I start off every hearing by telling people that what’s important is that my decision is based on fact, and that if their claims cannot be substantiated then I might have to affirm the decision. I am clear in the beginning so that the applicants understand that whilst I feel deeply sorry for them and genuinely compassionate; there will always be the factual test to come back to. There is a subjective and objective element to the test, but we cannot let the subjectivity dominate. It is incredibly hard. I used to immediately give breaks to people who were visibly distressed and crying, but I have since realised that it can be better to sit in silence with them. People will often recover and want to keep sharing their story, as opposed to artificially breaking the conversation by having an adjournment. I try to make people aware that the hearing is driven by them and that it is their opportunity to share their story. I try to ensure that the balance is right between controlling the proceedings yet, still allowing them the space to be heard. It’s an evolving sense of trying to understand how they are feeling and respond appropriately to that.
How do you manage your own well-being and separate these tragic stories from your life at home?
My dad is a counsellor and finds it very interesting that we do what we do without any structured debriefing or counselling. Whilst we do have access to support services if we need them, there is no built-in process. The way that I manage my wellbeing is to cycle to and from work. It means that I can leave my work at work and separate it from my home life. There are cases, however, that do stay with me, even now. One frustration of the job is that you don’t know what happens to the applicants afterwards. I have had deeply traumatised applicants who were clearly not coping with life, and I often explain to the department that they need extra support services. Unfortunately, I have no way of knowing whether these people receive the extra support after my decision. I find that a real difficulty of the job as there is no overall visibility.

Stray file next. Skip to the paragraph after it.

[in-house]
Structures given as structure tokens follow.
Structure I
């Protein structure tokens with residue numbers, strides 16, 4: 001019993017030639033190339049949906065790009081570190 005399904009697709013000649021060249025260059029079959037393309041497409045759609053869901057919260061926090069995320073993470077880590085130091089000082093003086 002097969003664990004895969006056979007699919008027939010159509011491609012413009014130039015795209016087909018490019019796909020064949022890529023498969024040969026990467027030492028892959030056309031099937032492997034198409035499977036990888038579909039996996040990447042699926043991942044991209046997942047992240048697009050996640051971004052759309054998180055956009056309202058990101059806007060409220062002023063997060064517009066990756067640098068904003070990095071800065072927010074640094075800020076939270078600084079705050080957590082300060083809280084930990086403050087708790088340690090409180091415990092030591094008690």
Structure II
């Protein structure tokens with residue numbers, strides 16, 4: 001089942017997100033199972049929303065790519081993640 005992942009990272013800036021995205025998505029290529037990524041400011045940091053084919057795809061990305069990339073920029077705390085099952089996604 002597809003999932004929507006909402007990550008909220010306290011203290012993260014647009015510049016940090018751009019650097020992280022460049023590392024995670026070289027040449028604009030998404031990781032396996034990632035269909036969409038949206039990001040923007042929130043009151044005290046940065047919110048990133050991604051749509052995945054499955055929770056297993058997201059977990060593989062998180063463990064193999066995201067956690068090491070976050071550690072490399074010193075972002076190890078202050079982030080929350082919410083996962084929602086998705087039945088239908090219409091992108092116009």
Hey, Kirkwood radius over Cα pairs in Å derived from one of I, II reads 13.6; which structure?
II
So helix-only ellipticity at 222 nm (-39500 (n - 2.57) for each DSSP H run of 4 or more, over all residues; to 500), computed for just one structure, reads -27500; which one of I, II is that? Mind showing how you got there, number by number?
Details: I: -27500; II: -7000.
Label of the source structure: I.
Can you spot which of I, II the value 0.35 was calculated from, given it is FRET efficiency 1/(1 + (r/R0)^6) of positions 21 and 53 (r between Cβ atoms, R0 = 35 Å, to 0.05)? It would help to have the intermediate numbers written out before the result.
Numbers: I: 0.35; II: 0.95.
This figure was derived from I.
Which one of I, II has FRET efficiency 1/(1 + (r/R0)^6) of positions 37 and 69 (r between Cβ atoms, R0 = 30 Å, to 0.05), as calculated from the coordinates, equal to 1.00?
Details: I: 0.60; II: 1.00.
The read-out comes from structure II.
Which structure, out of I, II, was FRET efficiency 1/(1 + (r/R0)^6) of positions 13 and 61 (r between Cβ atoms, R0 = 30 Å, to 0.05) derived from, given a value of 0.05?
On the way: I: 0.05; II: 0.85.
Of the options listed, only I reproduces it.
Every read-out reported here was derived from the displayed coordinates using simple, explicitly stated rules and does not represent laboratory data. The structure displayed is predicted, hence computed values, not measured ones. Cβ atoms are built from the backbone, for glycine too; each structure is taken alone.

Do you think that there should be a tracking system that allows you to find out what happens to your applicants?
Yes and no. I think that it would be rewarding for me personally, but it is a selfish impulse. I hope that the department takes my recommendations seriously, but there is nothing that I can do for them once I’ve made my decision. It is interesting though because I have had many clients try to friend me on Facebook; so there seems to be that impulse both ways. However, it is the way it is for a reason. What I would love to see is more academics doing longitudinal studies looking at the outcomes of people who have been through the appeal process; whether they have been remitted and how they are coping, or if they have been affirmed, what happens to them and where their lives take them.
Do you believe it is important for university students to be involved in social justice issues in law? If so, why?